these brakes are notgoing to cut it. tim freccia: we cut thetrailer's stands down to make sure they don't drag, and presson towards south sudan with a new harsh deadlineof january 31. ian's still waiting for hismoney, and we have more than 5,000 kilometers of africa tocross in less than 30 days. ian cox: we're in lusaka, zambiawith the last truck and the shittiest truck. some old south african-builtnissan that's been in an

accident before. it's full of fiberglassand bondo and shit. and there's also no wipers andno horn, which need to get fixed before we getto tanzania. because tanzania traffic copshave nice, perky white hats, and they're fucking on-pointand don't let anything get past. ian cox: [inaudible]. ok.

we're going to get fuel. he's going to go withyou off to border. me, i have to go one nightnairobi, come back, then i come behind. we're supposed to gobe as a convoy. i'm supposed to be managingit hands-on throughout the entire thing. i never really got to properlybe with the convoy. tim freccia: ian's otherbusiness calls, and he leaves

the convoy, leavingme to wrangle the drivers and the borders. the driver we all ended upcalling mongo drew the short straw and had to drivethe crappy tanker. i arrive [inaudible] in zambia to the tanzanianborder. in addition to the usualbreakdowns, [inaudible] we don't have enough fuel. i assure him that we do.

i meet up with ray in the scummyborder town of tunduma. he's been stuck therefor five days. ray sines: right nowwe're on the tanzania side of the border. truck's impounded. we've got a $2,000 fine. 3.3 million tanzanianshillings. we've got our clearingagent scrambling. we've offered him a hefty sum ifhe can get this sorted out

today and we can getback on the road. it's the length. alex: length. ray sines: the length. not the height but the length. from the front of the truck tothe rear of the trailer. they say it's only 17 meters,but it's 18.7. alex: i has to be 17? ray sines: it has to be 17.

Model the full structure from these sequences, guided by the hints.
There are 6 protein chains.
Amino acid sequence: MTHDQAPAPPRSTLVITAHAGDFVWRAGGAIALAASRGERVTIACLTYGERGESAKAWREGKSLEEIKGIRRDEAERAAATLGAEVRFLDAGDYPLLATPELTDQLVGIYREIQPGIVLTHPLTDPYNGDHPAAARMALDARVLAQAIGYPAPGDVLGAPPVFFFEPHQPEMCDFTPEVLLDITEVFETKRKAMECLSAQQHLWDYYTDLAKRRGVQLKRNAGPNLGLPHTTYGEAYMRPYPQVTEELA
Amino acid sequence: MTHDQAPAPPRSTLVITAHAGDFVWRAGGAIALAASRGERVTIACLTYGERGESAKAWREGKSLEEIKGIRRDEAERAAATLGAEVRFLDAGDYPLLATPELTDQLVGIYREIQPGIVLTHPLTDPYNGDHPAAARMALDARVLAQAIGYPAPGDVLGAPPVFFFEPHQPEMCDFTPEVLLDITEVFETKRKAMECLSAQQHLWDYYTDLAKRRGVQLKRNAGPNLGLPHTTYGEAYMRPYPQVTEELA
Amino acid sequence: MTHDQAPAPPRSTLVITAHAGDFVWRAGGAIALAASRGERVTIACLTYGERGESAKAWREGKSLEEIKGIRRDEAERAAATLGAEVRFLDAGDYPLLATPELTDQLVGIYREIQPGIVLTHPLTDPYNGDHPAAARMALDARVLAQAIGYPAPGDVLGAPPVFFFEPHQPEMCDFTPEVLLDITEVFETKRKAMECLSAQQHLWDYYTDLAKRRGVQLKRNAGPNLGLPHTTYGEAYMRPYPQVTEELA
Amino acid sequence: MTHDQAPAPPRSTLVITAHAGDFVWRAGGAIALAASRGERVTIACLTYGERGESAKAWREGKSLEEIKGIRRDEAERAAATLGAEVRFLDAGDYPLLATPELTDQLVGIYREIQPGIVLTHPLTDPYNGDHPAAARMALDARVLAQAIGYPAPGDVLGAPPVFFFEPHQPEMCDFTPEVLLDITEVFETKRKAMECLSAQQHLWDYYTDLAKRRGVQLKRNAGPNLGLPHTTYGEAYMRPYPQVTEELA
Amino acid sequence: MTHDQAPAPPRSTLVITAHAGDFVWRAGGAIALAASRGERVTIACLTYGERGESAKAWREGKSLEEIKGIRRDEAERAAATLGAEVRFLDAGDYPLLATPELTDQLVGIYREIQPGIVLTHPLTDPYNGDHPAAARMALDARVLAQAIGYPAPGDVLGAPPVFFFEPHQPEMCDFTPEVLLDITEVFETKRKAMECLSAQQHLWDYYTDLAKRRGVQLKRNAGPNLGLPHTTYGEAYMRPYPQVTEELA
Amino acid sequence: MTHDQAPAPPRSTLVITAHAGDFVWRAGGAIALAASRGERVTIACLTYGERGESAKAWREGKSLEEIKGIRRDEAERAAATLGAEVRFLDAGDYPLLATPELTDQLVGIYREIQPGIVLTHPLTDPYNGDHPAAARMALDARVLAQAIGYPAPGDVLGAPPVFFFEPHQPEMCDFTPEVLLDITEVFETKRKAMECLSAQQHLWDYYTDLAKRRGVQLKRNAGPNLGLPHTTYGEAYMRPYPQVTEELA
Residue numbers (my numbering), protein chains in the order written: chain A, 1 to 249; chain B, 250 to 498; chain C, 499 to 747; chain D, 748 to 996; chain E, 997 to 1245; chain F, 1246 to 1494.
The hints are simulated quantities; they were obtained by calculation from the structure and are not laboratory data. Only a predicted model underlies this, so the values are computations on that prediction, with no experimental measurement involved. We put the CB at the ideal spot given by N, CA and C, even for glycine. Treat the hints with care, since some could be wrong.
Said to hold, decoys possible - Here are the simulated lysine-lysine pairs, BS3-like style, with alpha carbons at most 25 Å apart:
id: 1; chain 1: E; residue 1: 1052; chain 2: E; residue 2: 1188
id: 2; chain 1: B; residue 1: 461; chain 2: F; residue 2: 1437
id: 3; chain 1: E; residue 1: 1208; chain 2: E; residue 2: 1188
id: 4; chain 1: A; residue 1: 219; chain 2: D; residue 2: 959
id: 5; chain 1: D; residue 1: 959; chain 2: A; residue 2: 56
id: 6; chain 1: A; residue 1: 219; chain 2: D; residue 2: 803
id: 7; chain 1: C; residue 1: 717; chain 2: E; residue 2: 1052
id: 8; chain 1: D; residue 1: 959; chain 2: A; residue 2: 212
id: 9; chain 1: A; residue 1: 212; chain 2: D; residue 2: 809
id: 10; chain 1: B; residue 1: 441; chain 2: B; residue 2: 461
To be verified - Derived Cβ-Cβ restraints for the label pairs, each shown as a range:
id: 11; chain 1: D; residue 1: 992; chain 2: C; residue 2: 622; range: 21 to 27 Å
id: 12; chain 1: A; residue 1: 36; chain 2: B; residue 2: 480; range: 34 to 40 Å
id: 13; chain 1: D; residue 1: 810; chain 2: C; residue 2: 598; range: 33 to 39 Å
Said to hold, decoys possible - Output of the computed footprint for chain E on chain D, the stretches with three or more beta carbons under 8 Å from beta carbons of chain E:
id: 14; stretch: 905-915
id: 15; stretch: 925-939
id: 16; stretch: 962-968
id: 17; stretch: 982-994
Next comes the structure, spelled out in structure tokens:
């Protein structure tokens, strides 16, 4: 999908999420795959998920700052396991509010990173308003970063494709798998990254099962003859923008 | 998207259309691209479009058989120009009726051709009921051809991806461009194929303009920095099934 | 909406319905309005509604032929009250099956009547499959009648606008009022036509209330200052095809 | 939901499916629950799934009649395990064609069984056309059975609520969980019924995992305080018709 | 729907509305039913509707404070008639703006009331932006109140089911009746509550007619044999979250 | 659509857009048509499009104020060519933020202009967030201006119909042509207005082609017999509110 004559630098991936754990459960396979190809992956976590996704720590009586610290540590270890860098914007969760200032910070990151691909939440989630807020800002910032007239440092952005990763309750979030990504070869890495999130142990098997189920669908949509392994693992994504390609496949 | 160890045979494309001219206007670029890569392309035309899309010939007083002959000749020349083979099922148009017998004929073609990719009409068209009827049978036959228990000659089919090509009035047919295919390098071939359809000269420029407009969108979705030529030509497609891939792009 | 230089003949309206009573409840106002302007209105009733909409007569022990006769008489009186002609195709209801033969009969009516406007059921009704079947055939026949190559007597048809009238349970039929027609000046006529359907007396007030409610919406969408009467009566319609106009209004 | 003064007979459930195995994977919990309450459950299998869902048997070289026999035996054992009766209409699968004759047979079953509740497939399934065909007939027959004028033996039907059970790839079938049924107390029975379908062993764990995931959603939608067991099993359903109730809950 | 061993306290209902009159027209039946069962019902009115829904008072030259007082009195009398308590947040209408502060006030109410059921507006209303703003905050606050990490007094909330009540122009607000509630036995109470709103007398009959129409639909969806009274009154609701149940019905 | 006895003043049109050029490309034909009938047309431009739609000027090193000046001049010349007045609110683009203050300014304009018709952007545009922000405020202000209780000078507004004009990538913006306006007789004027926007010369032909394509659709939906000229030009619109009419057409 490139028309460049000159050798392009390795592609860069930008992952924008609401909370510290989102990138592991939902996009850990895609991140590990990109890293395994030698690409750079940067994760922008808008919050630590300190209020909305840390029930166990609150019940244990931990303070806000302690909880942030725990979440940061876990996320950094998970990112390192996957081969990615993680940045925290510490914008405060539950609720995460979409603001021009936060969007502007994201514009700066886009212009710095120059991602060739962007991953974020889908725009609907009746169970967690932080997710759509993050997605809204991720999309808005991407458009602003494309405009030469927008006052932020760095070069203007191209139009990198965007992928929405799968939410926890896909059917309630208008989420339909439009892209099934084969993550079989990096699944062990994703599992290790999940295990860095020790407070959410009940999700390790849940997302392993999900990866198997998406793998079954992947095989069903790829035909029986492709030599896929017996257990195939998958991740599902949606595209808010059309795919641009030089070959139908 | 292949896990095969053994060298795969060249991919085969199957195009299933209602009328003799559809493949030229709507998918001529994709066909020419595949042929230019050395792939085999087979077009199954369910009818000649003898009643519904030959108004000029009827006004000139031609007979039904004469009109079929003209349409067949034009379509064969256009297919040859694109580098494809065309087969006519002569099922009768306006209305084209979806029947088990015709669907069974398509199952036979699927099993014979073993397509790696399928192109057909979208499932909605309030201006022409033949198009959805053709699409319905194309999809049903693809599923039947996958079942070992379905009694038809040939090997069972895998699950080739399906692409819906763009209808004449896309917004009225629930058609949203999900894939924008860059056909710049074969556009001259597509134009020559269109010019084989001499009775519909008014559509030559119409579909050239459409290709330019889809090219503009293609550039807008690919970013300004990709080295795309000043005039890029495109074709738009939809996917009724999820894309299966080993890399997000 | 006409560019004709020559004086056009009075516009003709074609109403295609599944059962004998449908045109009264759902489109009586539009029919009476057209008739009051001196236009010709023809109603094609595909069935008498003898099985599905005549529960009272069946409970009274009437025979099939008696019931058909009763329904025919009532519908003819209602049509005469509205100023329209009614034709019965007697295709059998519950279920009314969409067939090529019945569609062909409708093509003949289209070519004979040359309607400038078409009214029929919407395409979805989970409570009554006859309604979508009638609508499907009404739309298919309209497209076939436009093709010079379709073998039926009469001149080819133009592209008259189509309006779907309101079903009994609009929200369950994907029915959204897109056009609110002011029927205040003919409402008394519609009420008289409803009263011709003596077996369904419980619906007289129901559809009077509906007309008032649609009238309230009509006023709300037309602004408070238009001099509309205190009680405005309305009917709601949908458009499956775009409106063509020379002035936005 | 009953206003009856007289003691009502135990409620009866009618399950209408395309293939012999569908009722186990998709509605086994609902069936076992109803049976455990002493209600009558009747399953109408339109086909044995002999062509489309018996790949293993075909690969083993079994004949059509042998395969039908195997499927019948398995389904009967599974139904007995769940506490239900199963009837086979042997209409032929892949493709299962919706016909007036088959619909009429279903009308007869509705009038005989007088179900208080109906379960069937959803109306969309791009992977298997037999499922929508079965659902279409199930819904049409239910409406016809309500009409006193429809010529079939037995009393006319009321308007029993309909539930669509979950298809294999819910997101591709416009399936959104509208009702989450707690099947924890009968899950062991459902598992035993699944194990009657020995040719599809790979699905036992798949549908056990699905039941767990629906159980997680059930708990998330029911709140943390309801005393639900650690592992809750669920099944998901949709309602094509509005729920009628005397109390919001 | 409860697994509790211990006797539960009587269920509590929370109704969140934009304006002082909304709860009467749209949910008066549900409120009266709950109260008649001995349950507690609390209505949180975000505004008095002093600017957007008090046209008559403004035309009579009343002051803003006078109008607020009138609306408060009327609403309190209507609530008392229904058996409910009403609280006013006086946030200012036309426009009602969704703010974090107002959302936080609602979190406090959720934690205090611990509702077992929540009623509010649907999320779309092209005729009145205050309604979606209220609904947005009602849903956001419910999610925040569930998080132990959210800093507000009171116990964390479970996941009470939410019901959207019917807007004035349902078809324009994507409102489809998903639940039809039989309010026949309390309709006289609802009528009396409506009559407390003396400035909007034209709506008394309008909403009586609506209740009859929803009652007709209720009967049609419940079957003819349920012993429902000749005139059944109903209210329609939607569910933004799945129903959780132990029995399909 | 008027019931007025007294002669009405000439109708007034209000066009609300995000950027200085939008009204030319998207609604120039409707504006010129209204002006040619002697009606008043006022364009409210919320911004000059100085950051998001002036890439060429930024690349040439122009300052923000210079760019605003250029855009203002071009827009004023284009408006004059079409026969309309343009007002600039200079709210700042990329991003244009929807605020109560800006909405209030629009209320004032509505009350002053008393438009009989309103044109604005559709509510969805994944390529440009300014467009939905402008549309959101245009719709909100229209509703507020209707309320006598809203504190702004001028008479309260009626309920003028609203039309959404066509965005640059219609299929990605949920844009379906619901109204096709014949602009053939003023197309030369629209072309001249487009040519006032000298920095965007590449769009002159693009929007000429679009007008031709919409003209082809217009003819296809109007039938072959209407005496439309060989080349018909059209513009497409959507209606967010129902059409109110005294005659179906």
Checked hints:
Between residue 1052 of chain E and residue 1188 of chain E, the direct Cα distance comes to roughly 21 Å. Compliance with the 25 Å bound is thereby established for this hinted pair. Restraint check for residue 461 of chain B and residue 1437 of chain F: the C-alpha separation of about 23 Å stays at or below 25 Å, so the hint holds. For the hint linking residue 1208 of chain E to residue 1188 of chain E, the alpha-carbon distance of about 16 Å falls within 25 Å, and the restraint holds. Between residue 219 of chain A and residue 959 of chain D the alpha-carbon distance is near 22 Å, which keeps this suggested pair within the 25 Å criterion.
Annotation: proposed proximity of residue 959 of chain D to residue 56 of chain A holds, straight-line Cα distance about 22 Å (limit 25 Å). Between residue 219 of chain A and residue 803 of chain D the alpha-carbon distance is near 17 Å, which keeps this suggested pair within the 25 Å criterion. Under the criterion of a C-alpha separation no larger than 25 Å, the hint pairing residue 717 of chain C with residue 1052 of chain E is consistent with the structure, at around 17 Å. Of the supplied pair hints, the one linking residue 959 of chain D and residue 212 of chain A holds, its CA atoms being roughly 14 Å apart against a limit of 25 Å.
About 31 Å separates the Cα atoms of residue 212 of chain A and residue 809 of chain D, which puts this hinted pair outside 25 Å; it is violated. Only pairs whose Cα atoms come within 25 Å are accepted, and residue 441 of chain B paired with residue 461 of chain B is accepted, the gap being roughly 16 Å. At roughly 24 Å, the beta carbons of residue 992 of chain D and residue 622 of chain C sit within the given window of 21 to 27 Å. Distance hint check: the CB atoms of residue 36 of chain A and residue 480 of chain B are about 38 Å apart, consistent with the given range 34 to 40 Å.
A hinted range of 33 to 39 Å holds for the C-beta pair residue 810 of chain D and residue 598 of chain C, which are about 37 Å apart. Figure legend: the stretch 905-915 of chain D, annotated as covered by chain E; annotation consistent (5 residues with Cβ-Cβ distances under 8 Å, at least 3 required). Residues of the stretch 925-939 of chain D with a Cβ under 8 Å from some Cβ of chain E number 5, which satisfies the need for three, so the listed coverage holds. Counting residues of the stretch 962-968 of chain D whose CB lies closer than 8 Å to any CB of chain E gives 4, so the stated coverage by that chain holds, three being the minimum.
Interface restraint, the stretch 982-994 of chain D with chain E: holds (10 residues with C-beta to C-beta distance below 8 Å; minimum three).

law says 17. alex: 17. ray sines: if it's greater than17, it needs a special permit from dar es salaam. tim freccia: stillout-of-pocket, ian wires money for the fine and the permit,while alex assures us that the necessary documents will beprocessed, putting us back on the road tomorrow. tim freccia: alex returnswith bad news.

ray sines: so you're telling methere's no one there today, no one there tomorrow,no one there sunday. it has to be in southsudan january 30. today is the 25th. that's five days. we wait saturday, sunday, thatleaves me three days to go from here to south sudan. it's not possible. ray sines: i'm tryingto get this permit.

ok, good. ray sines: but no oneis helping me. they say the office in dares salaam is closed. ray sines: today'sthe holiday. they say tomorrow it's closed. ray sines: they say sundayit's closed. ray sines: and that'swhy i'm here. i'm asking you, do you knowanybody who can help this? tim freccia: no luck.

we'll have to wait out the nextfew days in tanzania and hope to make up timeon the road. ray sines: my confidence wasvery shaky at that point. and being on my ownand realizing, yeah, i am on my own. i'm going to be on my ownthis whole journey. it's time for me to own upto it and just do it. alex. this is ray.